Yet in the end, Cruz capitulated, admitting that “there’s nothing to be gained by delaying this vote one day or two days.” He plans to vote against the plan when it comes before the Senate tonight, but will not take action to block or delay its passage.

What is quite clear is that Cruz and his party reformer allies need is more numbers on their side, and this loss for conservative government in Washington may translate into victories for the grassroots in 2014. 


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The chief Republican engineer of this capitulation is Senate Majority Leader Mitch McConnell, who now faces a serious primary challenger. Matt Bevin is a successful Louisville businessman who has started off his campaign on a strong note by loaning $600,000 of his own money to the campaign. Support is already pouring in from grassroots organizations and donors around the country, and he should have the kind of substantial resources needed to challenge a powerful establishment figure like Boehner.

Boehner may also be in trouble. A poll in his home district  shows primary voters likely to support anyone but him at over 50 percent, and he already has three challengers with strong credentials and fundraising ability. While he may be able to hold onto support as speaker from within the Republican caucus in the House, it seems likely that his growing unpopularity at home may bring him down anyway.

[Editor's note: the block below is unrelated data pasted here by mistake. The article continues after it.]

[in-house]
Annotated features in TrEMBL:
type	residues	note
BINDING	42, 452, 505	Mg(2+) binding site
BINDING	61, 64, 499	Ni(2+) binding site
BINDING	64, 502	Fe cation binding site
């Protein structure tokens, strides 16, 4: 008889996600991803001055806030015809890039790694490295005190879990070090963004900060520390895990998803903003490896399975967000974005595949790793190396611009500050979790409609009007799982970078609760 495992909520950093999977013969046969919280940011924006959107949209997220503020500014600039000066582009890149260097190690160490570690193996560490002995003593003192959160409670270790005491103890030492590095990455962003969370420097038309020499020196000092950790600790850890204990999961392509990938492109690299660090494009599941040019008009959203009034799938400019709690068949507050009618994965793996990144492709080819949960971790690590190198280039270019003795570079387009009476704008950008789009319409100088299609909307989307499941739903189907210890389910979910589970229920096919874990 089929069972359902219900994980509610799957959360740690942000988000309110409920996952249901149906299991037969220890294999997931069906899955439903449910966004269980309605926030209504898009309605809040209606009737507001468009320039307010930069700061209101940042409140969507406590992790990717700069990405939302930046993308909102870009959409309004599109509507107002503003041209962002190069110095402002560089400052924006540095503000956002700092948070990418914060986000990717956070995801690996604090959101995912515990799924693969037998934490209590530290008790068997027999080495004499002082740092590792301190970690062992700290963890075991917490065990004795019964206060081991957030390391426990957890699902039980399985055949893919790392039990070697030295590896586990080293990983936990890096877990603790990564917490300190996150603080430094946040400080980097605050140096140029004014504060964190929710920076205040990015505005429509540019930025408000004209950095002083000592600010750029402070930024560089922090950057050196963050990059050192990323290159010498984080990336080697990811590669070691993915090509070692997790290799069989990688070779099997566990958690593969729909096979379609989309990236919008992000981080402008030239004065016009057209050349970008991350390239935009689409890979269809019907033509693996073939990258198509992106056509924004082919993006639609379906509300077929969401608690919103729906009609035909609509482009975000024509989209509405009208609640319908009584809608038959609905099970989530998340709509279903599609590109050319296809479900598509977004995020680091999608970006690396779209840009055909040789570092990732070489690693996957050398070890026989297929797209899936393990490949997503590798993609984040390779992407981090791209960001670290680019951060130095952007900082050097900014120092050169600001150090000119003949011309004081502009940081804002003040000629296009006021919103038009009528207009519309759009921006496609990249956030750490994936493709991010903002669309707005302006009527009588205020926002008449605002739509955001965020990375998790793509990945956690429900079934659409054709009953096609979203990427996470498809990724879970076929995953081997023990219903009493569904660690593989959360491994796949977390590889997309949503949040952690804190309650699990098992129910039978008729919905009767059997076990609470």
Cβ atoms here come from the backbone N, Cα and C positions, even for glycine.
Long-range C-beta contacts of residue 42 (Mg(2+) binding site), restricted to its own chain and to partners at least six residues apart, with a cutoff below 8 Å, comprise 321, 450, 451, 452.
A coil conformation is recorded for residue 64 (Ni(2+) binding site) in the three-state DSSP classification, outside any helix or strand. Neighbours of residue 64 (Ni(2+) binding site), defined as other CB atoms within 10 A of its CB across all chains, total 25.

Key Republican grassroots groups which will play a role in the 2014 election have also decided to weigh in. 

FreedomWorks announced that they would be treating today’s vote as a “key vote when calculating FreedomWorks’ Economic Freedom Scorecard for 2013,” a substantial threat to those whose votes they don’t like.

The Republican Liberty Caucus of Texas expressed solidarity with Cruz and effectively urged their congressional delegation to make a symbolic vote against the proposal, encouraging them to “send a strong message to Washington that fiscal irresponsibility and expanding the federal debt are unacceptable.” They also promised that they will be “keeping in mind how our representatives vote today and what actions they take once the shutdown ends when we decide how to advise voters and where to direct our support next November.”

We all understand that some sort of compromise was unavoidable on these issues. Too many problems were building up to sustain the situation. Even Senator Cruz accepts that inevitability. We may agree that a vote was necessary, but not all agree on the significance of today’s vote.

Party leaders see this compromise as the end of a crisis. What they don’t get is that for grassroots activists this is just the beginning of the fight to send Ted Cruz and Rand Paul and Justin Amash more allies. It’s a great kick-off to the hundreds of campaigns to unseat incumbents all around the nation.

This is not a great moment for the Republican Party in Washington, but a loss for the beltway elites and party insiders may mean a major victory for the grassroots in 2014.


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Dave Nalle

Dave Nalle has been writing political analysis since the 1980s for newspapers, magazines and now online journals. He is currently Execitive Director of the Center for Foreign Policy Priorities, is on the board of the Coalition to Reduce Spending, and served four years as National Chairman of the Republican Liberty Caucus.